So now, after publicly admitting, that I never saw that one coming … I’m expected to look into the same crystal ball and have you believe that I can see what’s coming next? Well, for what it’s worth …
The (very reliable?) crystal ball
Data generation, collection, analysis, storage and management (and dare I say abuse?) will continue to increase. Whether it’s due to the famous Internet of (every and any?) things (IoT), autonomous driving, high-performance computing or whatever, I think it’s fair to expect there will always be a demand for improved performance (specifically memory bandwidth) with reduced energy consumption and reduced cost. Traditionally, in terms of timing, the improved performance leads and the reduced cost follows. I say that because it conveniently allows me to ignore cost for what I’m about to forecast (experience tells me all I have to do is hang around until a future Xilinx-equivalent comes up with that solution!?).
Quantum computing is certainly a hot topic but let’s put it aside for the moment. As a rather pretentious professor once said to me; “there are two kinds of people – those who understand quantum mechanics, and those who don’t”.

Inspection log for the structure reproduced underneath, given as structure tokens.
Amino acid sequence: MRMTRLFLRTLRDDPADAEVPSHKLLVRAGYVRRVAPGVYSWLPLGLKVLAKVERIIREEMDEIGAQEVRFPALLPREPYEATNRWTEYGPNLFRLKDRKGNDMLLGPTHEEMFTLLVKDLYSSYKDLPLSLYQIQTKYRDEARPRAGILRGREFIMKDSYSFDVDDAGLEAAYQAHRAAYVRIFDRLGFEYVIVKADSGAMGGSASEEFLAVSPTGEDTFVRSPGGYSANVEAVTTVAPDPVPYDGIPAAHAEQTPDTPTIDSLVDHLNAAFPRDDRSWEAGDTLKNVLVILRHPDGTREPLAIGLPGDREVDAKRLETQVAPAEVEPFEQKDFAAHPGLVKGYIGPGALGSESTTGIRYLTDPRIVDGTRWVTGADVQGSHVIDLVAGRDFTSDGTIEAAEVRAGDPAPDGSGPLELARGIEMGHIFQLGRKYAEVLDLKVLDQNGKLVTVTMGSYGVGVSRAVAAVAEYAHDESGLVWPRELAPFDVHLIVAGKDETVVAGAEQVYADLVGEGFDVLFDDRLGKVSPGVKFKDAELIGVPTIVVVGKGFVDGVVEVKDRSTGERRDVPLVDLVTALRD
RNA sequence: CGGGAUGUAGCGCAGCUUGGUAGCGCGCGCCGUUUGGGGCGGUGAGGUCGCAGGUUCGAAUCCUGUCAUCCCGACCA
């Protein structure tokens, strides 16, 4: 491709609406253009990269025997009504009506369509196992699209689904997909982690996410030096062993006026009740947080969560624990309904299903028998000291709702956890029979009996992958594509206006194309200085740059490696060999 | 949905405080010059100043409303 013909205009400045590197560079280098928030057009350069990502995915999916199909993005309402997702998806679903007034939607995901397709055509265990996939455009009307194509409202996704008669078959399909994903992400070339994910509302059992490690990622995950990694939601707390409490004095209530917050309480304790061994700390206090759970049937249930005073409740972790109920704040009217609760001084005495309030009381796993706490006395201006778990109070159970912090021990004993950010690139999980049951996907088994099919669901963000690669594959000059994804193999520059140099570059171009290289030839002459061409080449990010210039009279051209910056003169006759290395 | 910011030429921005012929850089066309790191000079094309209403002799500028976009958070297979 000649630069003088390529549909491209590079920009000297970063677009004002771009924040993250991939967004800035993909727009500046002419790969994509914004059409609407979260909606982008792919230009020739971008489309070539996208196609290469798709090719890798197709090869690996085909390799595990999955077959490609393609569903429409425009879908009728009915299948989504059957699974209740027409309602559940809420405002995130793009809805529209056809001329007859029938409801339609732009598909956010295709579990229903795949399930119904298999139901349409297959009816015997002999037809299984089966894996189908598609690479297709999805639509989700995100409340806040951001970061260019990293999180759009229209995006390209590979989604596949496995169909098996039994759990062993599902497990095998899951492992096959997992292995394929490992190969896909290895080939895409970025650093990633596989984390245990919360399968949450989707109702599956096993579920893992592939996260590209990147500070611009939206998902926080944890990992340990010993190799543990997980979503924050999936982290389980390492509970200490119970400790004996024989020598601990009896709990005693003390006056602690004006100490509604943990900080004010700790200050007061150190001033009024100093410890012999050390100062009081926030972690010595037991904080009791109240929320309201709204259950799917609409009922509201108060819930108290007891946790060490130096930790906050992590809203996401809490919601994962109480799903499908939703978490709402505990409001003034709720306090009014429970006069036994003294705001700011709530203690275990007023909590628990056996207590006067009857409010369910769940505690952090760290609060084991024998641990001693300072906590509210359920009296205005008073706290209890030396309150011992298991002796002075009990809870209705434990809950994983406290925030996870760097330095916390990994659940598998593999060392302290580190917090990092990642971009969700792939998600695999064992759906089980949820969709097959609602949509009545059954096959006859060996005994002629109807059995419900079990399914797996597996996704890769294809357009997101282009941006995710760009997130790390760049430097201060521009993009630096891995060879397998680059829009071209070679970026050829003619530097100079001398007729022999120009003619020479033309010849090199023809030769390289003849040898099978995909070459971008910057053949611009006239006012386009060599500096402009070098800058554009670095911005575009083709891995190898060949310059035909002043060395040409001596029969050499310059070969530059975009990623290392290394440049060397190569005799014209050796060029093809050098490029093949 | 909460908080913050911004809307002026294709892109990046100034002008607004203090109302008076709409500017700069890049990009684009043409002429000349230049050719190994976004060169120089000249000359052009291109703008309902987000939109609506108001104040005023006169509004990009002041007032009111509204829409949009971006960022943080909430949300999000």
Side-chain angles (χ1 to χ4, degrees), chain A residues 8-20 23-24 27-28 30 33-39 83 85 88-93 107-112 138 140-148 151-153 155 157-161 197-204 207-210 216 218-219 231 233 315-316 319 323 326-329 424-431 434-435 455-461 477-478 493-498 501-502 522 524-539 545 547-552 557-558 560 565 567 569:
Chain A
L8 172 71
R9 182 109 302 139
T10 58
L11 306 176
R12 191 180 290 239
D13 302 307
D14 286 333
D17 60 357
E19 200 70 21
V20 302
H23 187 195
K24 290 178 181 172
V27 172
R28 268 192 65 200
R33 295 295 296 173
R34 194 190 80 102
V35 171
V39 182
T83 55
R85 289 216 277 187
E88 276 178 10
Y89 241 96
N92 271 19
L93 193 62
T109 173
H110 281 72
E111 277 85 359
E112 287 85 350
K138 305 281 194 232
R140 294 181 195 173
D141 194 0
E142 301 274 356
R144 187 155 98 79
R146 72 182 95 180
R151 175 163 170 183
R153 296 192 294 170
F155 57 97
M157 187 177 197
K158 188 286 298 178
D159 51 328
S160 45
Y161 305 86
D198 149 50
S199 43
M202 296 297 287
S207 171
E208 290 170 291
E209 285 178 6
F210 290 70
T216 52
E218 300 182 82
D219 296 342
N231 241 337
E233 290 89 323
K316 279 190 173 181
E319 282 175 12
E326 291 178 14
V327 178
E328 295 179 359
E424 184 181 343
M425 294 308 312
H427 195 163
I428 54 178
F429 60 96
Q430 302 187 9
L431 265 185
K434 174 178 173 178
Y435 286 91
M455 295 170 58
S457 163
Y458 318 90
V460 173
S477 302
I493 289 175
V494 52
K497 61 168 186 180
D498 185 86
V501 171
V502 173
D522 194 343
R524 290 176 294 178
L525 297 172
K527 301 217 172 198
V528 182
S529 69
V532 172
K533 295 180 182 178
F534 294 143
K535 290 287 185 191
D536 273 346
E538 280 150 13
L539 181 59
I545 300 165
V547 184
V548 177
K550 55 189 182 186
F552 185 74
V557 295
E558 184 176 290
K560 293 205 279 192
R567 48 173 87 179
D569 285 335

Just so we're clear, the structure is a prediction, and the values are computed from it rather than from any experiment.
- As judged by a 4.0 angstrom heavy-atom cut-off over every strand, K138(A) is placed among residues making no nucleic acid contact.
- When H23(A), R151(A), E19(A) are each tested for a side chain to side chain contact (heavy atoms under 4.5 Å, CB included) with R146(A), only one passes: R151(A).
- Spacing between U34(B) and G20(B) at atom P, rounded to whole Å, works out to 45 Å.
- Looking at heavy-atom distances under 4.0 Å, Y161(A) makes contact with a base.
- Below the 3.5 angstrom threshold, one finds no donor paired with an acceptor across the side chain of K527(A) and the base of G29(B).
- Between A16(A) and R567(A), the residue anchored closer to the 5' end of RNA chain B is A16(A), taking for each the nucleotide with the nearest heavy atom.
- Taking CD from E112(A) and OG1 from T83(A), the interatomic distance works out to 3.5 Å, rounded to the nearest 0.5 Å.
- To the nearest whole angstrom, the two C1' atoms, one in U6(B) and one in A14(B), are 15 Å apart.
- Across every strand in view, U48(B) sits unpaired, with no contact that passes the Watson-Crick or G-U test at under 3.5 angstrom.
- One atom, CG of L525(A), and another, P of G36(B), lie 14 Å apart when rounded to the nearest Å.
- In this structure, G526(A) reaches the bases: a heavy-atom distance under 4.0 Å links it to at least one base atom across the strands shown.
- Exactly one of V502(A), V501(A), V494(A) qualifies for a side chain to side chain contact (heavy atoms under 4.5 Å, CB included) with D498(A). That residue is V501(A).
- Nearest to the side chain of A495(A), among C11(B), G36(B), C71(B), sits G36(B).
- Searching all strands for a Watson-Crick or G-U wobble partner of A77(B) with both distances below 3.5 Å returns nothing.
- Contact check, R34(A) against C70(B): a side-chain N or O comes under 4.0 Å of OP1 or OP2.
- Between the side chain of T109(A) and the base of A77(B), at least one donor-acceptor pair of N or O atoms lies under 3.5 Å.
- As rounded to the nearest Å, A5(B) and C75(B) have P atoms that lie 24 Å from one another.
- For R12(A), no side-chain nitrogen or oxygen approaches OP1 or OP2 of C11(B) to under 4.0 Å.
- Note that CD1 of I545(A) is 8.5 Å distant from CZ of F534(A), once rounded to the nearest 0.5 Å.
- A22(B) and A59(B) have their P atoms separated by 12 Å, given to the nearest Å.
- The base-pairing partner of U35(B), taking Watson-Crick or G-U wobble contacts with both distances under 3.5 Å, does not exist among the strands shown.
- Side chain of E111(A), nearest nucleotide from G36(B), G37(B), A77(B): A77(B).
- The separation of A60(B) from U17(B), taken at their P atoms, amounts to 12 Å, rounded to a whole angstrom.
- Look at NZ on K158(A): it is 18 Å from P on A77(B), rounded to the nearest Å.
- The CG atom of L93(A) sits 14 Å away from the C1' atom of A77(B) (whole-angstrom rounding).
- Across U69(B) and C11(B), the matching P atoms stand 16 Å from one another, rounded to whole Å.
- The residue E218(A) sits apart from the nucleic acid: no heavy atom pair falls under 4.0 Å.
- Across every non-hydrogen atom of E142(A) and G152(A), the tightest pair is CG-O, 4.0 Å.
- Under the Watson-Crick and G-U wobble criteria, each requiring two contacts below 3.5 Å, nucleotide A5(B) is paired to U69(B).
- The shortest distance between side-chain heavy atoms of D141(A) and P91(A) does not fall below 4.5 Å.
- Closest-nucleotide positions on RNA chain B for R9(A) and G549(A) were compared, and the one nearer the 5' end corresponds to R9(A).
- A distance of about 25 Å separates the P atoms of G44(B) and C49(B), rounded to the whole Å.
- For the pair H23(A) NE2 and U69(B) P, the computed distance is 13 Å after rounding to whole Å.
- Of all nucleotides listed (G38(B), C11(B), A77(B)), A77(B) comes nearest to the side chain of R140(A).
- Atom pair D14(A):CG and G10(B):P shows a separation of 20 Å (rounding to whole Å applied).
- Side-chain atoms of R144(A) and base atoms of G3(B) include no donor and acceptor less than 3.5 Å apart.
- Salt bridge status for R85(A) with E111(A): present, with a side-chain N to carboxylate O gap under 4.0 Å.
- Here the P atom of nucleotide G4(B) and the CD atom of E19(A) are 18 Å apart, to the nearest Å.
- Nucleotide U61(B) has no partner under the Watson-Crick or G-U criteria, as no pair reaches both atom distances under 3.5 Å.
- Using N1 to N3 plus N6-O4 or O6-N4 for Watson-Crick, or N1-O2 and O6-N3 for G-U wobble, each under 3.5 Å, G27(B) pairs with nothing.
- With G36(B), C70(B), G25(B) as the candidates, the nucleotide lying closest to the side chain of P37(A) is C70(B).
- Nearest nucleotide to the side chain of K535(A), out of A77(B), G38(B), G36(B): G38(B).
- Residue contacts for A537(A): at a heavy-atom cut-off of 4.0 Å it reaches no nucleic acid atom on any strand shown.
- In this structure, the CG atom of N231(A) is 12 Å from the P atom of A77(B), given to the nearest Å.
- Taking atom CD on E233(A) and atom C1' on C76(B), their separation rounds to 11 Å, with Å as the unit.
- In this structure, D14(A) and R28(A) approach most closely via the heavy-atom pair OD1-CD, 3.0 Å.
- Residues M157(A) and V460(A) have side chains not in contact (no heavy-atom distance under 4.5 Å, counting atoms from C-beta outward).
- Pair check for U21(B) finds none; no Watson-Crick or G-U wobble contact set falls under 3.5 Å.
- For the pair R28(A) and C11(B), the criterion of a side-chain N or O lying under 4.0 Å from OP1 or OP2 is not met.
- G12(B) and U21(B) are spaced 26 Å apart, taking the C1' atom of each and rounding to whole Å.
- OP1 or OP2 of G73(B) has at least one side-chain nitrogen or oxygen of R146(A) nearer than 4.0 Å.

I must admit, I’m attracted to die-to-wafer hybrid (D2W) (a.k.a. direct) bonding. The wafer-to-wafer version (W2W) works very well. It’s my understanding that W2W hybrid bonding is more or less restricted to imager applications most likely due to the requirement that both dice must have the same size. D2W, however, removes the equal die-size requirement, which in theory could bring the performance benefits of hybrid bonding to almost any 3D system. And the performance benefits of hybrid bonding are not to be ignored: decreased interconnect pitch, shorter interconnects, faster communication, reduced loss, etc.
All of this sounds familiar because it’s basically the justification for any interconnect improvement ever proposed, including TSV’s back in 2011 – so it cannot be completely irrational to at least consider this approach (right?). D2W bonding could also enable, for the want of a better description, ‘partitioned-systems’ like the current interposer systems but with chiplets instead of chips, and active silicon interposers instead of passive silicon interposers.